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Democrats take aim at eight key states

After being wiped out by a Republican wave in 2010, Democrats are hoping to turn legislative chambers blue in places like Wisconsin, Michigan, and Pennsylvania.
Pennsylvania State Senate
A view of the Pennsylvania State Senate at the Capitol in Harrisburg.

Democrats announced plans on Tuesday to target legislative chambers in eight states in 2014, part of a longer term effort to regain their footing after Republicans took over statehouses around the country in 2010.

According to the Democratic Legislative Campaign Committee, the party believes it has a strong shot at winning majorities in the Arizona Senate, Arkansas House, Iowa House, Michigan House, Montana Senate, New Hampshire Senate, Pennsylvania Senate, and Wisconsin Senate. The national party apparatus plans to assist state turnout operations and implement a new data program that looks to build on President Obama’s campaign technology.

“I think we're in a great position now to make gains, win some new majorities, hold where we are and to make key investments and key gains in chambers we can flip in 2016, 2018 and 2020,” DLCC executive director Michael Sargeant said in a call with reporters.

Several of the states named as targets are places where there has been a split between federal and state level voting. In Wisconsin, Obama won handily in 2008 and 2012 while Republicans, led by Governor Scott Walker, took complete control of state government and fought a contentious battle to restrict collective bargaining by public employees. Michigan and Pennsylvania are two other places on the list where Republicans gained total control in 2010 even as Obama won each state twice.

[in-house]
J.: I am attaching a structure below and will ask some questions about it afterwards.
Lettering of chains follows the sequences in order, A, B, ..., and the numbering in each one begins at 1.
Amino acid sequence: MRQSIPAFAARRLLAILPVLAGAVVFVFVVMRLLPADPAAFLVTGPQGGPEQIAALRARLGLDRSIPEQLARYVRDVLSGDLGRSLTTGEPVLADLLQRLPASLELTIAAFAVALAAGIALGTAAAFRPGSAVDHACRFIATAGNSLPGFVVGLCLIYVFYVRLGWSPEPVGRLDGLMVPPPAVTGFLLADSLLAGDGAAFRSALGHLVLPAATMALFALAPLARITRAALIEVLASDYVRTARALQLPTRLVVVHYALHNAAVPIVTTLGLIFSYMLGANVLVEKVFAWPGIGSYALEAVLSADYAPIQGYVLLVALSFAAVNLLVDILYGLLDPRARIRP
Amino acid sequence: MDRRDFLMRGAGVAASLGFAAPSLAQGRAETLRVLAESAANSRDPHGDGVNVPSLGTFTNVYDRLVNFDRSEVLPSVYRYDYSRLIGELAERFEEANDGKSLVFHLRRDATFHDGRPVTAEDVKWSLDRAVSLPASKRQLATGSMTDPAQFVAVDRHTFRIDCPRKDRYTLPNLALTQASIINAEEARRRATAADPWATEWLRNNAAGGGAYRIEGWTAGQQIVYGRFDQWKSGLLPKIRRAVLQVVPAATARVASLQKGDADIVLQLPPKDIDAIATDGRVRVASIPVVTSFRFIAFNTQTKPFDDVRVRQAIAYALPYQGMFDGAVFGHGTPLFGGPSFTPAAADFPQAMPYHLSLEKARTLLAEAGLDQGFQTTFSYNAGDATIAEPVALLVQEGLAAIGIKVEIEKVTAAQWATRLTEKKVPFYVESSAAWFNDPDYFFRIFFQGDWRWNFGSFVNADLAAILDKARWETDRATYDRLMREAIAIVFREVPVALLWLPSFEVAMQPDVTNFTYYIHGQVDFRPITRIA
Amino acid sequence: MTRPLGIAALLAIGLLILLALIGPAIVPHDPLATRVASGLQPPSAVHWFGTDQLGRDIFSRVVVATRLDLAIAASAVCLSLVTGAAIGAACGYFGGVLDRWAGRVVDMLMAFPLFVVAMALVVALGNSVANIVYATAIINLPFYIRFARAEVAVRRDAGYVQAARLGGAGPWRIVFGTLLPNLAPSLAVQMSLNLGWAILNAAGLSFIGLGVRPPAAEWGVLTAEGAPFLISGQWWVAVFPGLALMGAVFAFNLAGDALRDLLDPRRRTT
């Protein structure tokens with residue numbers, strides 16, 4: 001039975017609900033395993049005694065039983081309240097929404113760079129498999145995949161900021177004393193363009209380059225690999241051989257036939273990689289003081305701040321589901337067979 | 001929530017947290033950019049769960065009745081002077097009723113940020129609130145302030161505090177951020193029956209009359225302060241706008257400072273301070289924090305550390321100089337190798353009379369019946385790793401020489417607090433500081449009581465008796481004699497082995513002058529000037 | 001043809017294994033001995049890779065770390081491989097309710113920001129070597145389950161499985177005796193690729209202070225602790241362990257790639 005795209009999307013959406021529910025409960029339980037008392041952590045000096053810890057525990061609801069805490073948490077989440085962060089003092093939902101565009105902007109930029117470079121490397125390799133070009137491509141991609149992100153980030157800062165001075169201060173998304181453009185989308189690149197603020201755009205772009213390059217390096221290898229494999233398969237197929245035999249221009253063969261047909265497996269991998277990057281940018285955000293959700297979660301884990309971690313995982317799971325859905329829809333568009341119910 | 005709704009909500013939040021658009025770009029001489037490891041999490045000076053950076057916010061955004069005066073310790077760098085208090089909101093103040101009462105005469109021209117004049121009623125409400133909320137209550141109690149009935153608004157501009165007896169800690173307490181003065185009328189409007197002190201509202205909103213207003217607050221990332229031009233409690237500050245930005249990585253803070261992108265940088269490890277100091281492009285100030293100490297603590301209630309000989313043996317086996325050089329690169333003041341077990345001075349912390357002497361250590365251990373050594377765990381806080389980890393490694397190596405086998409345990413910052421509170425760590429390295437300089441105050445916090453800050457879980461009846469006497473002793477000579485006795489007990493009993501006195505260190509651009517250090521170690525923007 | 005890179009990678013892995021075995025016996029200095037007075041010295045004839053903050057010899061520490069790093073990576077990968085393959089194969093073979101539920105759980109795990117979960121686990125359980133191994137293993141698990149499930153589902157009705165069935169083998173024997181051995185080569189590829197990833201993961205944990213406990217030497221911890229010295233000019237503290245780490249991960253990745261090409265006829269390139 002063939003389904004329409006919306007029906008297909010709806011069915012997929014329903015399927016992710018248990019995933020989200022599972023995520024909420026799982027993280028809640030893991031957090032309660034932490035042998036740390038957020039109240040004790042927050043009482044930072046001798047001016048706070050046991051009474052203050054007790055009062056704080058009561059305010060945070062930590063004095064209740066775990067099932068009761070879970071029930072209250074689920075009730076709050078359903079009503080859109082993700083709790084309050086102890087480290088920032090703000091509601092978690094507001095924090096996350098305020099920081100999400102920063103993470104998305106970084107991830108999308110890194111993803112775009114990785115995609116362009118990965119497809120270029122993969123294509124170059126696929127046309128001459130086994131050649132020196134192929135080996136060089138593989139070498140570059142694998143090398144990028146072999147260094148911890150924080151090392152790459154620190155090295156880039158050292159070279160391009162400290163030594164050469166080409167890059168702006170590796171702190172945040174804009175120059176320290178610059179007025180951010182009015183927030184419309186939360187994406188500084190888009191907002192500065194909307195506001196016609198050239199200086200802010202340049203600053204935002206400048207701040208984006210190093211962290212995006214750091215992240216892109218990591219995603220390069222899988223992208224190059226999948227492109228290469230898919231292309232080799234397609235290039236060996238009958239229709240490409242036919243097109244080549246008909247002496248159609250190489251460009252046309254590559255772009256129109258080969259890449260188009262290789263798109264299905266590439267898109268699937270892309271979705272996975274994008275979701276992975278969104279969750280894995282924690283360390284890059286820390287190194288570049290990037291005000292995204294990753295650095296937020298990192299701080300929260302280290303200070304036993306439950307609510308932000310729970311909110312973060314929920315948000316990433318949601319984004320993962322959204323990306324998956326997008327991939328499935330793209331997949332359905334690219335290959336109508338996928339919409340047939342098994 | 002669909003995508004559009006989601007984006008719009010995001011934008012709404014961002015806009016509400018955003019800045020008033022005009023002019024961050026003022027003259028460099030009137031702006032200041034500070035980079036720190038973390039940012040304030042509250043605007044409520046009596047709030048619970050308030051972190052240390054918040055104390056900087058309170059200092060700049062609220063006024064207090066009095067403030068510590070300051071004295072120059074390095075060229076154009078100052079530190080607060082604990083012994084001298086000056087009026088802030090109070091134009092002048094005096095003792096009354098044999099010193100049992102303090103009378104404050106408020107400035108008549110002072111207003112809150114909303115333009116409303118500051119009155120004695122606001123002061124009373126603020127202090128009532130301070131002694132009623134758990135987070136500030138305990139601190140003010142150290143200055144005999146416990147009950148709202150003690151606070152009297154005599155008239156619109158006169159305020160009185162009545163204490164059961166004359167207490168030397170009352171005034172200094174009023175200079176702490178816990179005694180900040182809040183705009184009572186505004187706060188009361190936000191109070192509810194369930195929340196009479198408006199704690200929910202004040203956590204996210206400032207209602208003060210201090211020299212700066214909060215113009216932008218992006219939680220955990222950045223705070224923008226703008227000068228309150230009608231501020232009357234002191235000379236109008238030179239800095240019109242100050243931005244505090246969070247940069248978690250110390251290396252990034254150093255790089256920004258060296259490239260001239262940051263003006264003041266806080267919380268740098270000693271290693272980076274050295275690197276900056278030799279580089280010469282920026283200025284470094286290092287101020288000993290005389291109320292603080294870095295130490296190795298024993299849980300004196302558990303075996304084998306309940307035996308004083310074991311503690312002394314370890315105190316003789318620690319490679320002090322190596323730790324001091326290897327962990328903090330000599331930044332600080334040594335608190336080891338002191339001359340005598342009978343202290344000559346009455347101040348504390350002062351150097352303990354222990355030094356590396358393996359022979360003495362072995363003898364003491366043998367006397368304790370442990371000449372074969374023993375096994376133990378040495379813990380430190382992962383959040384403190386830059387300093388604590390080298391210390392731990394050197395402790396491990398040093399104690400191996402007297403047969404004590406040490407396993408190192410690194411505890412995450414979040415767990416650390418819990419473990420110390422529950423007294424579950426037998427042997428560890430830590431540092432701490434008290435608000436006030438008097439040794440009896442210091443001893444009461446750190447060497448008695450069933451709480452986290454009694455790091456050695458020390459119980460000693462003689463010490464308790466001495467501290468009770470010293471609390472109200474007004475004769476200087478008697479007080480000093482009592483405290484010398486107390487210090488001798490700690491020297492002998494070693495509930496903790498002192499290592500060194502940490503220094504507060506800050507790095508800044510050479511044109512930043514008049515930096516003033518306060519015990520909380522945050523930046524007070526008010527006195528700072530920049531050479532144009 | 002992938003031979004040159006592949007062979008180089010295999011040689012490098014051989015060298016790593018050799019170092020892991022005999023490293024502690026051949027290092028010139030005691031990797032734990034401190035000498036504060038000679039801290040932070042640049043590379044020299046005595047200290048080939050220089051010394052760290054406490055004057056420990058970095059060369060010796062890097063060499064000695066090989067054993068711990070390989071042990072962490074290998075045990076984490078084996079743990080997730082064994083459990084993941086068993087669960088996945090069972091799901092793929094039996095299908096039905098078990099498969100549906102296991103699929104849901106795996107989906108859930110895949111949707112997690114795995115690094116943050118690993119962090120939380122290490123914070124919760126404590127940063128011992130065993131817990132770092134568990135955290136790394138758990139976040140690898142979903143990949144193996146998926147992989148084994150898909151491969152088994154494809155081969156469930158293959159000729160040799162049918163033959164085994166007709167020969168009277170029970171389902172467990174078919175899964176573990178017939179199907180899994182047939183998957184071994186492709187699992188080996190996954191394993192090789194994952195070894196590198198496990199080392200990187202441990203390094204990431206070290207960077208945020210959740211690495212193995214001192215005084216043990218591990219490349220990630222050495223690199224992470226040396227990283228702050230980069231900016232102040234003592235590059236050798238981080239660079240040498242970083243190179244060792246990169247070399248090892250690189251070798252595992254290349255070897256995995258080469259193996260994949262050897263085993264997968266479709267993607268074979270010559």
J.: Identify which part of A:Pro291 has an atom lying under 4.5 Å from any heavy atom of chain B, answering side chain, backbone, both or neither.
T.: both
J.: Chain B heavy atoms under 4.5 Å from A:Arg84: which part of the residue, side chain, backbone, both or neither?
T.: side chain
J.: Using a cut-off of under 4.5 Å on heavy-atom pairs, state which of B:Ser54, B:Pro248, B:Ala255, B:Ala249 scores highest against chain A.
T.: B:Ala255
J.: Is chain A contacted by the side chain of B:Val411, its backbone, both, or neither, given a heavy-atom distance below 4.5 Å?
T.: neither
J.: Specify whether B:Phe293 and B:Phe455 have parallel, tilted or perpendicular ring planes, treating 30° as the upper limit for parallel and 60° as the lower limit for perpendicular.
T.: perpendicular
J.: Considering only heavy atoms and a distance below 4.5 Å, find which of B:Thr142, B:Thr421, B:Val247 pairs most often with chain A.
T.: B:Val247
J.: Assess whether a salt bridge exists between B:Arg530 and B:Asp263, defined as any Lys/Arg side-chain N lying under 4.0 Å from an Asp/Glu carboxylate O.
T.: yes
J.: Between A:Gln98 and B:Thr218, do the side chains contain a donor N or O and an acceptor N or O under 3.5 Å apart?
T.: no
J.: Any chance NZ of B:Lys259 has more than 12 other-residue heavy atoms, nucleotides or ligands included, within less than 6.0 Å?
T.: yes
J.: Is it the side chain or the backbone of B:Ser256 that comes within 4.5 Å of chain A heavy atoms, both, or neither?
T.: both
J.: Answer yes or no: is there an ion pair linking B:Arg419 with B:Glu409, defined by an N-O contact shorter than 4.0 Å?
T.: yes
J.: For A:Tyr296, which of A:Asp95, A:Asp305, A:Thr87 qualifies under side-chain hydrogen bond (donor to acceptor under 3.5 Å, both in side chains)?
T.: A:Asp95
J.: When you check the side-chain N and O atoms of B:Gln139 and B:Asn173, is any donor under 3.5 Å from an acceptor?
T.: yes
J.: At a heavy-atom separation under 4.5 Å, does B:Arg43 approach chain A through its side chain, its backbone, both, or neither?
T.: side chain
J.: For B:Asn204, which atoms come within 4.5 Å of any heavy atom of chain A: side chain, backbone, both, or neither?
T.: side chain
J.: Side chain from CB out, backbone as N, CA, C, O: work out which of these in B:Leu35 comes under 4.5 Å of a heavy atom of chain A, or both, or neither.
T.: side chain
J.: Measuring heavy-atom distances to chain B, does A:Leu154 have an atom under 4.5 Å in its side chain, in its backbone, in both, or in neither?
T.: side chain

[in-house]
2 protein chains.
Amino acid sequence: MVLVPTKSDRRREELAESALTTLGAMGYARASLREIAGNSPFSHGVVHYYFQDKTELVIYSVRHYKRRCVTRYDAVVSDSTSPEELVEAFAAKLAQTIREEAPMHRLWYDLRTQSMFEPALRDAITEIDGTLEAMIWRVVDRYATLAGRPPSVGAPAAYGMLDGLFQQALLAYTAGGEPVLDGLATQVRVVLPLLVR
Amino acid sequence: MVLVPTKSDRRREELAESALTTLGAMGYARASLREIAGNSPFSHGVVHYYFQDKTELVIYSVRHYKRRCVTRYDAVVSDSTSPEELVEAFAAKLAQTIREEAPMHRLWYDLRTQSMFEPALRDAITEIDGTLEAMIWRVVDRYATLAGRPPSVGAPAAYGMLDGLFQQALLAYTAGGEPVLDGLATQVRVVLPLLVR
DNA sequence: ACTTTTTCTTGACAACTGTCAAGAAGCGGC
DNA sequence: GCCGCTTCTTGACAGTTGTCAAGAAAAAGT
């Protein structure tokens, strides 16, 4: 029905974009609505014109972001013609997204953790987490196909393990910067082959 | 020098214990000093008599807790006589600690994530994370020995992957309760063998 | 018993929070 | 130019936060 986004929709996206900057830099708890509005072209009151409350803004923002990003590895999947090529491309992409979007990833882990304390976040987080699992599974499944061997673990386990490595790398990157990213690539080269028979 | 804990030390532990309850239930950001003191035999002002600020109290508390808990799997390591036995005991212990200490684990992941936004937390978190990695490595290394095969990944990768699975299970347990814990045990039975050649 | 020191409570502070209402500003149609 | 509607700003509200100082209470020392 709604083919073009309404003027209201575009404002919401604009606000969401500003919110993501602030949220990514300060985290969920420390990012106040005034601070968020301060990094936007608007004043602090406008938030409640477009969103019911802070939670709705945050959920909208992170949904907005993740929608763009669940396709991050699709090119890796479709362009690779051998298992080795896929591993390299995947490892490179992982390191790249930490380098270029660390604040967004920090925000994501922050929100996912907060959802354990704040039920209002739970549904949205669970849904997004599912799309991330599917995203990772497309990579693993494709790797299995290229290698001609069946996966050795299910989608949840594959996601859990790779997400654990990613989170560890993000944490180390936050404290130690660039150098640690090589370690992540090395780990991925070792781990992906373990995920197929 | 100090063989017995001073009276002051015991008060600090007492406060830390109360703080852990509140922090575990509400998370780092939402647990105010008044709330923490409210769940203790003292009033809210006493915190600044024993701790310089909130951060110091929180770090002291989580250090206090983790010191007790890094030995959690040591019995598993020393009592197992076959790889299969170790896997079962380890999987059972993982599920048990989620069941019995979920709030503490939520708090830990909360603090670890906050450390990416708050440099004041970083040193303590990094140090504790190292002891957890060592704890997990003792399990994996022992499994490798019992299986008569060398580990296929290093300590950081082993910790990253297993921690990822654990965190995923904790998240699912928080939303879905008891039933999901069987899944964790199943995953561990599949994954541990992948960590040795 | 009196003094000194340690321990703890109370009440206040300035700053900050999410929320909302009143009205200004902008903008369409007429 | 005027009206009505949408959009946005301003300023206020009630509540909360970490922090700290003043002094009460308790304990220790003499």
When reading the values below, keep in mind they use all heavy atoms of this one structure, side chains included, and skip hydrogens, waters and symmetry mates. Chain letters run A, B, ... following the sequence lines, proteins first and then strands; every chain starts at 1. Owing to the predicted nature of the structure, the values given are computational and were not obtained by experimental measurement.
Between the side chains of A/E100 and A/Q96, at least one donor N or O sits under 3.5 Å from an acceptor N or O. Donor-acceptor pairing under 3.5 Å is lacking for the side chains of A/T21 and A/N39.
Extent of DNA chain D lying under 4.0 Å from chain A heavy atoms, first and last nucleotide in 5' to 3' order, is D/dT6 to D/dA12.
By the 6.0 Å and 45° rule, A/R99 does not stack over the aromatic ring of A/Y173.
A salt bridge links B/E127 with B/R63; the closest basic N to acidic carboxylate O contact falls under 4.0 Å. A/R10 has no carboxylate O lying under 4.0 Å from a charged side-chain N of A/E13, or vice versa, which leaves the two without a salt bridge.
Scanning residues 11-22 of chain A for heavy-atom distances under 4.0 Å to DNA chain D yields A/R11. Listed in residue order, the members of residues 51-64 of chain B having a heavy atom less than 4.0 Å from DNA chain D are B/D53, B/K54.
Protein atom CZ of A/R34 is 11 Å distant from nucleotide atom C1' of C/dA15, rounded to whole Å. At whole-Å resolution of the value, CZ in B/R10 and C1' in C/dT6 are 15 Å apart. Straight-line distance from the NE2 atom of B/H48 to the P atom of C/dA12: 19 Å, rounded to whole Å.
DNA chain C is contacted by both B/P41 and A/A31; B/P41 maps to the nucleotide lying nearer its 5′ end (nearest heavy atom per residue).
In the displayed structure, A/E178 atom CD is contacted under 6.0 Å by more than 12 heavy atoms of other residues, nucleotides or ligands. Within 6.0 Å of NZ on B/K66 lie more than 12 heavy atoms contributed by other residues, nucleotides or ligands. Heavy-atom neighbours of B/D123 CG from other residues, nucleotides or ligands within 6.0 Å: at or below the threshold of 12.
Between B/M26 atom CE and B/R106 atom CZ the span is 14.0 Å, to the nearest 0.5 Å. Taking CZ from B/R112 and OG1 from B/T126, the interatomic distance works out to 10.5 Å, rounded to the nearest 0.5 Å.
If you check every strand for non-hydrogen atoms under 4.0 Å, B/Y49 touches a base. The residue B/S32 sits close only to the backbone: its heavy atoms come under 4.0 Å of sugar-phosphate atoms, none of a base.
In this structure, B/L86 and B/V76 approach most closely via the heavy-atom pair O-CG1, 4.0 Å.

“Due to the 2010 Republicans' tidal wave across the country, Republicans control literally every aspect of state government in Michigan despite the fact that Michigan is generally a blue state,” Michigan House Democratic Leader Tim Greimel told reporters. “They have not hesitated to use their absolute monopoly on power on the state to reward and benefit their corporate donors at the expense of everyday people. “

In Michigan and Pennsylvania in particular, polls suggest that Republicans may have gotten too far in front of their state’s political leanings, creating an environment ripe for a Democratic takeover.

A survey in Michigan this week by Democratic firm Public Policy Polling found that only 24% of voters had a favorable opinion of GOP stat legislators versus 56% who had an unfavorable opinion. Democrats, who were evenly split at 39% favorable to 39% unfavorable, enjoyed a 48-34 advantage in a generic ballot between the two parties. In Pennsylvania, Republican Governor Tom Corbett is considered one of the most vulnerable incumbents in the country and is trailing his Democratic opponent Tom Wolf by a margin of more than 20 points in multiple polls.

In Iowa, Democrats narrowly control the Senate and Republicans narrowly control the House. Republican Governor Terry Branstad is expected to easily win re-election in 2014 and if Democrats lose their hold on the state legislature, he could pass a raft of conservative legislation.

Michael Gronstal, Iowa’s Democratic Senate Majority Leader, told reporters that the GOP’s track record in similar states they had taken over, as well as their agenda in Iowa, would bolster his party in 2014.

“The fact is Republicans have badly overreached in the states where they’re in control and that’s true of Iowa,” Gronstal said.  

But Republicans have plenty of opportunities of their own to go on the offensive, with party leaders targeting at least nine legislative chambers in states like Colorado, New Hampshire, Maine, Oregon, and West Virginia. With Obama’s approval ratings mired in the low 40's and Republicans counting on a turnout advantage in the midterms, they could make even greater gains this year.